instructor or facilitator was the ability to connect with the needs and interests of the learners and to help them discuss, integrate, reflect on, and apply new insights. In fact, for many participants, building a meaningful relationship with these facilitators was the most important part of the program. It is through such relationships that adult learners grow in their knowledge and understanding of a given topic.
As a way to explain the varying reactions adults have to programs in informal settings, Sachatello-Sawyer uses the image of a pyramid. Acquiring new knowledge and skills is at the bottom of the pyramid, followed by expanded relationships, which involve more contacts in the community and new friends. At the next level, adults report increased appreciation of a topic as indicated by their pursuit of additional experiences and discussion of the subject with knowledgeable individuals. Changed attitudes or emotions follow from the previous step, revealed through heightened self-confidence and taking the initiative to pursue new activities.
As adult learners reach the apex of the pyramid, they experience what Sachatello-Sawyer refers to as transformative experiences. Such experiences have caused learners to reevaluate their lives and make life-changing decisions, such as to leave one career for another or to find meaning in new experiences. One learner reported that floating in the Grand Canyon made her realize that she “had a place in the cosmos and was part of the timeless nature of the canyon.” While it is difficult to foster such life-changing experiences, it is a goal to which program developers can aspire.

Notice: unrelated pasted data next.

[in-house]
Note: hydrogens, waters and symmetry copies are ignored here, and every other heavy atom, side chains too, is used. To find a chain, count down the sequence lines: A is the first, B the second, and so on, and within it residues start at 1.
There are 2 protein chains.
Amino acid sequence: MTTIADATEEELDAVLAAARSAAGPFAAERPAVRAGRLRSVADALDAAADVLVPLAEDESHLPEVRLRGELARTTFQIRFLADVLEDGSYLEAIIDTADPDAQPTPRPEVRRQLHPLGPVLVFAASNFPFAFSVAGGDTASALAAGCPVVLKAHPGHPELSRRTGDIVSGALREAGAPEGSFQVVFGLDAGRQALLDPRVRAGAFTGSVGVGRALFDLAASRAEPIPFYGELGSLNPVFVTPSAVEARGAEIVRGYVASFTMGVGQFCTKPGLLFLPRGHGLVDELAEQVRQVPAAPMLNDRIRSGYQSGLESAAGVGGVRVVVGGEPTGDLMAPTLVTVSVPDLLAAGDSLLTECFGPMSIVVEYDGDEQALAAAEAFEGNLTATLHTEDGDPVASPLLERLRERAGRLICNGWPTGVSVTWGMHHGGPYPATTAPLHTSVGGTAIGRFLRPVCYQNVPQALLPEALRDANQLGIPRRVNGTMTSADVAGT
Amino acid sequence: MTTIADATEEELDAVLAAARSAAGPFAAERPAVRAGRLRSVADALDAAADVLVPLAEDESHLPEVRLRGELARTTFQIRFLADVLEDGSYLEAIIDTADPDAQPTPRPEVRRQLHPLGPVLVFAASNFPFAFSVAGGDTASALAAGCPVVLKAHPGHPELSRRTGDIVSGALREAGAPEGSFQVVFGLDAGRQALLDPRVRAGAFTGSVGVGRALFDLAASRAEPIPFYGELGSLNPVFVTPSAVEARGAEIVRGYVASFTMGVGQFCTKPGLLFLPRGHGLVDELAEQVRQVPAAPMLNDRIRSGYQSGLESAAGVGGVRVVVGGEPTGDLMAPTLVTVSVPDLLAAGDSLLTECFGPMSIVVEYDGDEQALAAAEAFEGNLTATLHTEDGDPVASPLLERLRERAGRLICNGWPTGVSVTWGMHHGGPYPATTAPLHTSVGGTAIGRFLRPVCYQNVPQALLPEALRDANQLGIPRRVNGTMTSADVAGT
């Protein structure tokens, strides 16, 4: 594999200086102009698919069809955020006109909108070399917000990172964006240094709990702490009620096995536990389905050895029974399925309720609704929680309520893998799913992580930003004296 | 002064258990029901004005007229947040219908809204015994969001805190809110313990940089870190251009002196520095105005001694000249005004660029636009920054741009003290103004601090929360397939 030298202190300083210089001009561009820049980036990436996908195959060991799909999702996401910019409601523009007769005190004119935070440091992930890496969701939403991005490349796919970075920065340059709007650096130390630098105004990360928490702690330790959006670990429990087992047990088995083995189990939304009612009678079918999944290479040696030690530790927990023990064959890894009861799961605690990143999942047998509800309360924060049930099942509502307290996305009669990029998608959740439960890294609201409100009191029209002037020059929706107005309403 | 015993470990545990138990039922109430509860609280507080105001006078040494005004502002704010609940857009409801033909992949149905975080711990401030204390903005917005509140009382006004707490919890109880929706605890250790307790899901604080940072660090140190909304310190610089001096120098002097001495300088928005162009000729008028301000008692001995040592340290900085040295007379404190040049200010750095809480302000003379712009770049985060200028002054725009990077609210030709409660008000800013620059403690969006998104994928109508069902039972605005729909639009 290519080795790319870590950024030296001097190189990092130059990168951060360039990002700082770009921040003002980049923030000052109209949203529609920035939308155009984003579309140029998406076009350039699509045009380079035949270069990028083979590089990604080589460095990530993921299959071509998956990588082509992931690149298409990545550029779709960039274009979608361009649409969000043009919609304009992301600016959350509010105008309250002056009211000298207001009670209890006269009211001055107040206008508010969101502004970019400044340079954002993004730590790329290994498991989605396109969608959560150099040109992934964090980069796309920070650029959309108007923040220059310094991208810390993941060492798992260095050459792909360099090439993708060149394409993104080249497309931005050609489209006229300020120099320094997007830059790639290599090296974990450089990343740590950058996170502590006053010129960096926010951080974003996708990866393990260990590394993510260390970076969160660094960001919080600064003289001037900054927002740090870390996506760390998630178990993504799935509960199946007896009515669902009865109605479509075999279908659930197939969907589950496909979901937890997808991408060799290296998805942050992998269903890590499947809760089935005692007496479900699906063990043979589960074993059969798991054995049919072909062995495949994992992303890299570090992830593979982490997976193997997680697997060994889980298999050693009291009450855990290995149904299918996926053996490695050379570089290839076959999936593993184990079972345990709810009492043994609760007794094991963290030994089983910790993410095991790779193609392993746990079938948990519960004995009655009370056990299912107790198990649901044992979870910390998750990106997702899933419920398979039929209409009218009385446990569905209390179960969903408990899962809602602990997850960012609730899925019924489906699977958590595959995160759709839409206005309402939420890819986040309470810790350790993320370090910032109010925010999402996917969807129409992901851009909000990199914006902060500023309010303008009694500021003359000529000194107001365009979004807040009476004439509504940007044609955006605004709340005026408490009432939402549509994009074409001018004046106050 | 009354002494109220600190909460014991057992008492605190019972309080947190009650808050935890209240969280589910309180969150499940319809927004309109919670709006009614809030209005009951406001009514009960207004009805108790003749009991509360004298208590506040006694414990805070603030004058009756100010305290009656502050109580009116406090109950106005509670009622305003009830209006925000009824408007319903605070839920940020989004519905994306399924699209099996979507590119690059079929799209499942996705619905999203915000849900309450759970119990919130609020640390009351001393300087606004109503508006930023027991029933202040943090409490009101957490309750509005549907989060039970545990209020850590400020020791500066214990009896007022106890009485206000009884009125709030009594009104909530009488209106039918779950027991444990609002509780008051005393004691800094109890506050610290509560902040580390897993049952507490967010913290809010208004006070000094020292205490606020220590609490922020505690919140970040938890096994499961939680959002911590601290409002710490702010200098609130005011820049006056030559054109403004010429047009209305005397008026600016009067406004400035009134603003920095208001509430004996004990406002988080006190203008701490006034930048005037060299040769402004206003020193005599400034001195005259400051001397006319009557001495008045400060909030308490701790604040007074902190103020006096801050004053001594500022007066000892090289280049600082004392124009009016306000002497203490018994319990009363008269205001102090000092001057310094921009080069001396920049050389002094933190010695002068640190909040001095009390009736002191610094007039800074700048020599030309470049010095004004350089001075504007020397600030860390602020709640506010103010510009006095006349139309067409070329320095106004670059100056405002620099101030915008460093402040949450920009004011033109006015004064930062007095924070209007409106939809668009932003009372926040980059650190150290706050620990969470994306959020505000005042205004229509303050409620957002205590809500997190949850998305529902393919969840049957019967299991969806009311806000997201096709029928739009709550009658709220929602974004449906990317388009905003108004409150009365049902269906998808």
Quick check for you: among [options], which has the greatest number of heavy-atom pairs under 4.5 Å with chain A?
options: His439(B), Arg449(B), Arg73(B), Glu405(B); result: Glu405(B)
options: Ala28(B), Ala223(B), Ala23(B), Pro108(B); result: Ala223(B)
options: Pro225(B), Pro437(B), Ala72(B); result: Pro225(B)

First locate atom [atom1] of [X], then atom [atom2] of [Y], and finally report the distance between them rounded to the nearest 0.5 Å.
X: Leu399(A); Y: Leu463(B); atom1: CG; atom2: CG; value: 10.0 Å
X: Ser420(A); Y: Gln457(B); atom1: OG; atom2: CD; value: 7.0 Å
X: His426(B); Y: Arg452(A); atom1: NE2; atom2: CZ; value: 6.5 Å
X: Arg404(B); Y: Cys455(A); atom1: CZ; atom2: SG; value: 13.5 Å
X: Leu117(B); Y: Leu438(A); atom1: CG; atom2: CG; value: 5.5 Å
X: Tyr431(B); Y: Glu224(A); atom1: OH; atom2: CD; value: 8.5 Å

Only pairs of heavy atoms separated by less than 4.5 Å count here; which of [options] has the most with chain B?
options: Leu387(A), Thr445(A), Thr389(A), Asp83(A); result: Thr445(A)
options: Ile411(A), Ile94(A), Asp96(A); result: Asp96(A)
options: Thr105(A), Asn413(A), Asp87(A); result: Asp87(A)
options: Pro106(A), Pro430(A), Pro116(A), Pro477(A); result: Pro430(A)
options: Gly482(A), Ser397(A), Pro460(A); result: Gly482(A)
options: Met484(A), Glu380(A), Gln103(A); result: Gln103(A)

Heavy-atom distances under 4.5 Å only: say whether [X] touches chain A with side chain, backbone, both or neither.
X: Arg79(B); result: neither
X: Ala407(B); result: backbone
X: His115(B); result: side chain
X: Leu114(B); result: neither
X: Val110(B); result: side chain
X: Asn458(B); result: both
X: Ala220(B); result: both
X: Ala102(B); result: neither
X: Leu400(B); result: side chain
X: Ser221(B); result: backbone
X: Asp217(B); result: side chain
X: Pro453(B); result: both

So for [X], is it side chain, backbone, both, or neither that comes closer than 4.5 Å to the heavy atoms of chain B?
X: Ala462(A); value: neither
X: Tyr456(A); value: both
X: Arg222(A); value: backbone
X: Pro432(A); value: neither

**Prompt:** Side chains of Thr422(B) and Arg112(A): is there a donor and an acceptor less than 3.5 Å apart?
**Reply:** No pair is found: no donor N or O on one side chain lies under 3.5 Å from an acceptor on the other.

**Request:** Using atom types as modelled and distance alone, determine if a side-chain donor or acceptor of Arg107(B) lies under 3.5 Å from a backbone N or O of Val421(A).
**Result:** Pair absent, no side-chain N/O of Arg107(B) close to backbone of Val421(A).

To illustrate an informal science program for adults and the learning that takes place, consider the next case study. Like the Cornell Lab of Ornithology’s birdwatching program (Chapter 2), the case study also is an example of citizen science. But instead of focusing on gaining insight into animal biology and behavior, the purpose of this program is more practical: to track wildlife that crosses Highway 3, a busy road that cuts through the Rocky Mountains in Alberta, Canada. With greater awareness of the animals’ habits, the possibility of developing interventions to reduce the number of wildlife-vehicle collisions increases.